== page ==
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Divorce Causes - Part 4 of 5


This five part series of posts has been devoted to an examination of the root causes of divorce. We are familiar with most of the usual suspects - infidelity, lack of commitment, money problems, addictions, lack of intimacy, domestic violence, etc.. Another significant one, explored in a prior post, is a remarriage following a prior or series of prior unsuccessful relationships. Here, the chances of divorce go up proportionally with each previously failed relationship.

However, other divorce correlations are not as well known. They remain hidden, like giant icebergs lying silently, just below the surface of the water, until they cause the marriage to break apart. In this vein we have looked at certain less well known divorce factors such as the length of the engagement and the amount of money spent on the wedding and the engagement ring.

The one thing that all these divorce factors have in common is that are within the control of the parties to the marriage. You decide how long to remain engaged. You choose to have an affair. You choose to remarry. You choose to spend $20,000 on an engagement ring or $100,000 on your wedding. But not every divorce factor is within the control of the marital partners.

In the context of many of life's circumstances, social scientist have explored the link between the shared traits and characteristics of parents and their children - e.g. intellect, personality, disease, criminal behavior, alcoholism, domestic violence, etc. But what about divorce? Is there a correlation between your parent's divorce and the likelihood that you will be following them down this same unhappy path? Are the "sins of the father (or mother) visited on the son (or daughter)?” Is divorce "generational" - passed down from grandparent to parent to child? And, if so, is it a matter of nature or nurture? In other words is divorce a matter of "genetics" or “learned behavior"?

The short answer is that researchers have been aware of the connection between a parent’s divorce and a child’s divorce for nearly a century. Social scientists such as Paul Amato and Danelle Deboer have concluded that, “parental divorce is one of the best documented risk factors for marriage dissolution.” Significantly and ironically, people with divorced parents are disproportionately more likely to marry other people with divorced parents.

So what kind of impact does parental divorce have on their children? Going back to Amato and Deboer, they indicated that if a woman’s parents divorced, her odds of divorce increased 69 percent, while if both a husband and wife’s parents divorced, the risk of divorce increased by 189 percent. Said differently, where both children have divorced parents they are twice as likely to get divorced themselves as compared to the children of parents who have remained married.

Given this established link, is this another reason for parents to stay married - for the sake of their children's future marriages? Is this link a matter of nature or nurture? What is the reason for this connection?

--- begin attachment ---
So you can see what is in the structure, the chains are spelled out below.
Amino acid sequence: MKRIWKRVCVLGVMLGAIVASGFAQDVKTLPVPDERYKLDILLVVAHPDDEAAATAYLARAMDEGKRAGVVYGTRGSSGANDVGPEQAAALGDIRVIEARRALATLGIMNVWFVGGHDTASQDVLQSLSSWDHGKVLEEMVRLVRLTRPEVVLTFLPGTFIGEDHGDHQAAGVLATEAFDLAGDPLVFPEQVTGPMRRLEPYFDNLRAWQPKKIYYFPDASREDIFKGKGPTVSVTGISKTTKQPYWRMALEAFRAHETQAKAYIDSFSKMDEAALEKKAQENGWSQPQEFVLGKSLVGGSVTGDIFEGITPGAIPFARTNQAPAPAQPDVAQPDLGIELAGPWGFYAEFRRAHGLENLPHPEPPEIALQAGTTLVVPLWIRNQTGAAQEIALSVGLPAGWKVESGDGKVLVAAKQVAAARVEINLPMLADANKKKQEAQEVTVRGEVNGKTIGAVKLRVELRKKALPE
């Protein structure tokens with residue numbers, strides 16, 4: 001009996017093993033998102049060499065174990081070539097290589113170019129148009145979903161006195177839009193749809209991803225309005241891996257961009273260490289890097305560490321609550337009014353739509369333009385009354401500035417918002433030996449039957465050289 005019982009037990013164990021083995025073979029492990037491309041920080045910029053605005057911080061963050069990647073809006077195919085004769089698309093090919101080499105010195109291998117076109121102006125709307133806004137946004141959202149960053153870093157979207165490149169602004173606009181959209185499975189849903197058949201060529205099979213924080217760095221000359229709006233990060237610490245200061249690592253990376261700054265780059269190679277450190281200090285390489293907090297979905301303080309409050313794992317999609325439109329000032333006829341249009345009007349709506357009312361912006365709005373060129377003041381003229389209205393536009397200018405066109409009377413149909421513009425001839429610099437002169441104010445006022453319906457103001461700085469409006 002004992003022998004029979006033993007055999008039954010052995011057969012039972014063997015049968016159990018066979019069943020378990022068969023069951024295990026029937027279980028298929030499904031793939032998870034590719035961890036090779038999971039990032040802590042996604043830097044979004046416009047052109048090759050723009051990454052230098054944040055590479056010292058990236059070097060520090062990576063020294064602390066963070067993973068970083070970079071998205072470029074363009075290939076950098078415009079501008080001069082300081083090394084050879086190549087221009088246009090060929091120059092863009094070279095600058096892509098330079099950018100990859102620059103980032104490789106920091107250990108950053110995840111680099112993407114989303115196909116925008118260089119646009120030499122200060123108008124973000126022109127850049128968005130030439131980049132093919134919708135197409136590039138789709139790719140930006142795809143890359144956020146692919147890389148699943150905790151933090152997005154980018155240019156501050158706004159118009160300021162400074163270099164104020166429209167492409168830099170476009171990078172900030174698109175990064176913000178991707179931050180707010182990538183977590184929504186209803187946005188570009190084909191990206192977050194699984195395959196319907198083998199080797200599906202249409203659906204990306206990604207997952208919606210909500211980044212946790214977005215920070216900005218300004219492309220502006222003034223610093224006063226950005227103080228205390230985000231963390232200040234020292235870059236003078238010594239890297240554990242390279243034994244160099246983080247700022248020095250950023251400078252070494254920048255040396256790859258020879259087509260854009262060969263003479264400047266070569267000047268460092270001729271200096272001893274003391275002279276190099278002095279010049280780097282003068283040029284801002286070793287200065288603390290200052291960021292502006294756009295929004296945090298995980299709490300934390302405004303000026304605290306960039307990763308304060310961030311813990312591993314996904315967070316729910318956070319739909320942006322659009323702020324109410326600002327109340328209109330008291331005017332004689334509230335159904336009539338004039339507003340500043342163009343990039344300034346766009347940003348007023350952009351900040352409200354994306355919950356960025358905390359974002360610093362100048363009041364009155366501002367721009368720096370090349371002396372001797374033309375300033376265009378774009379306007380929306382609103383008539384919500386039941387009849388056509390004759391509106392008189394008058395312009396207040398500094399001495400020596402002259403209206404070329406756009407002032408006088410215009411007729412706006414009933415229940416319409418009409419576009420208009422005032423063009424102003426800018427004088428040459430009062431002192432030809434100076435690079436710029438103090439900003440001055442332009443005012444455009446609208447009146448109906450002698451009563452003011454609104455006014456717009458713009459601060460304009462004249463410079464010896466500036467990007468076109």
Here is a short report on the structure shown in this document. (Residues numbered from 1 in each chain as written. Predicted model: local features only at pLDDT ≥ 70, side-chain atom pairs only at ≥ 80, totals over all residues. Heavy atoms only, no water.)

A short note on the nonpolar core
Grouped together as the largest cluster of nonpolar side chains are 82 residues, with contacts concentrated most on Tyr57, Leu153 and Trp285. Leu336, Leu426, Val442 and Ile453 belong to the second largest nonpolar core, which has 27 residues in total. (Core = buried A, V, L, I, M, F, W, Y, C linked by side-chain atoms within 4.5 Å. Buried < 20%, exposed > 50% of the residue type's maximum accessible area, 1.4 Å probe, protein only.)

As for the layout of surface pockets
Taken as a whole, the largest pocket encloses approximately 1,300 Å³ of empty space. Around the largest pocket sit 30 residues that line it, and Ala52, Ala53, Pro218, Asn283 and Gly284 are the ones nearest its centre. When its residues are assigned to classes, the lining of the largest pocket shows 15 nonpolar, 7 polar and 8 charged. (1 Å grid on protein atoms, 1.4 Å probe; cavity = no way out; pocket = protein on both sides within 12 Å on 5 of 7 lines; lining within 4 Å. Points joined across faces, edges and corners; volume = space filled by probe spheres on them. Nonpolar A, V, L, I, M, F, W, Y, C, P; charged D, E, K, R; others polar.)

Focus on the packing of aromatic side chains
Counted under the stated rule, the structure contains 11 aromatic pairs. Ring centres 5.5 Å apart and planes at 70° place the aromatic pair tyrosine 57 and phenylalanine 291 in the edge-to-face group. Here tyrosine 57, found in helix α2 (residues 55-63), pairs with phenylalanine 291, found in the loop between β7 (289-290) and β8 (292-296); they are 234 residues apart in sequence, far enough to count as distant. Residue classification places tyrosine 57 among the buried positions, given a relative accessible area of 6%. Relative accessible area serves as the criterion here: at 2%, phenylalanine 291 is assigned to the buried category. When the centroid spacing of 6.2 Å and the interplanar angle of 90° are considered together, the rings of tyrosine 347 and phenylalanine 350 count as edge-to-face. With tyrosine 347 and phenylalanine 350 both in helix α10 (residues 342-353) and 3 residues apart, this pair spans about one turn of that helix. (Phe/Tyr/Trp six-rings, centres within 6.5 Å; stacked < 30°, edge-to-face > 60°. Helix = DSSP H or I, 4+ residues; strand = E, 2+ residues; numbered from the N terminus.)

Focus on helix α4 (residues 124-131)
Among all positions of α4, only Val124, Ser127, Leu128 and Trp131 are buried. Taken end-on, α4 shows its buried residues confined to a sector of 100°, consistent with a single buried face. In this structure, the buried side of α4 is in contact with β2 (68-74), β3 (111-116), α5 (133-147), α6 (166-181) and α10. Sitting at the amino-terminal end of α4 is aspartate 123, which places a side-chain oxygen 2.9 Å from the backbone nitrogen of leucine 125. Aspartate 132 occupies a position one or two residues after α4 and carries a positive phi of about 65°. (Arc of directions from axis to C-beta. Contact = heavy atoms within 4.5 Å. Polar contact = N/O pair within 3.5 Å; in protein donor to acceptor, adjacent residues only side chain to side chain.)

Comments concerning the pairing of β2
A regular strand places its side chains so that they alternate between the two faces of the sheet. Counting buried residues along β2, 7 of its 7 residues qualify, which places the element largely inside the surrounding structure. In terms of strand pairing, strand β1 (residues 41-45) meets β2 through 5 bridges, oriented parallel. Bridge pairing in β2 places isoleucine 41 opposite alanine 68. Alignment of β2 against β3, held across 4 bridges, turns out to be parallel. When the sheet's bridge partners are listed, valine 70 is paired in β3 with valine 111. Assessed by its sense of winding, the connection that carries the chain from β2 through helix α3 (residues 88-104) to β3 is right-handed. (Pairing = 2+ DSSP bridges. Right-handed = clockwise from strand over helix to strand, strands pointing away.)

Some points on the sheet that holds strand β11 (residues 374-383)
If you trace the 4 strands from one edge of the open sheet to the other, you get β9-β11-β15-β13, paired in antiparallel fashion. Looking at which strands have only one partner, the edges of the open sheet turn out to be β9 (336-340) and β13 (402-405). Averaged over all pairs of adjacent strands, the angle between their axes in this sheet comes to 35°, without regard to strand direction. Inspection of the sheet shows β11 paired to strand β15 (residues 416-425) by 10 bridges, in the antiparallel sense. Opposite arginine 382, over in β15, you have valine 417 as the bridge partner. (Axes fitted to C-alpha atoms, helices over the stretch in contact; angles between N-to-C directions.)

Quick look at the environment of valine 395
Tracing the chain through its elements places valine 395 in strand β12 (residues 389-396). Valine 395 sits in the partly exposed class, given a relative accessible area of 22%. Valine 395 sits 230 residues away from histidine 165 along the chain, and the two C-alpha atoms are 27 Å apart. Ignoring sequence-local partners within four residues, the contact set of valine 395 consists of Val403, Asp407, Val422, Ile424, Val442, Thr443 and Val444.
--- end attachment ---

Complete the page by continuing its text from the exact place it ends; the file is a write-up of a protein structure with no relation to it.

For many years experts concluded that divorce was a learned behavior - we modeled what we saw and experienced as children. The accepted explanation was based upon two things.

First, children of divorce did not observe their parents engage in positive relationship skills such as open communication, negotiation and compromise. The proponents of this theory opined that this lack of parental skills led directly to the lack of such skills in their children, thereby fostering divorce.

Second, the devotees of this theory also concluded that children who watched their parents’ divorce experienced a reduced commitment to the institution of marriage and lower confidence in the ability of marriages to remain intact long-term. Plainly put, "children of divorce are haunted by the ghosts of their parents’ divorce and are terrified that the same fate awaits them." Notwithstanding these fears, they jump into marriage anyway, often with disastrous partners, since they are convinced that it won't last anyway. In such cases divorce is a matter of when, not if.

However, a more recent study has concluded divorce is not a matter of fate but rather genetics. Researchers at Virginia Commonwealth University and Lund University in Sweden tackled the question why does divorce run in families?” What they found was that the prior studies overlooked an important fact - not all children are the same. The Swedish study focused on adopted children versus biological children. When this variable was added they found that people who were adopted resembled their biological — but not adoptiveparents and siblings in their histories of divorce. Understanding this new dynamic should help people and their therapists to focus on individual personality traits rather than fate alone.

So where are we? Yes indeed the marital bliss or the dysfunction of your parents has a discernible impact on the your likelihood of divorce. However, once you are aware of this link you can mitigate its effects by introspection, therapy or by adding a new parameter to your marital search - marrying someone whose parents are happily married.

Stay tuned for the fifth and final part of this series


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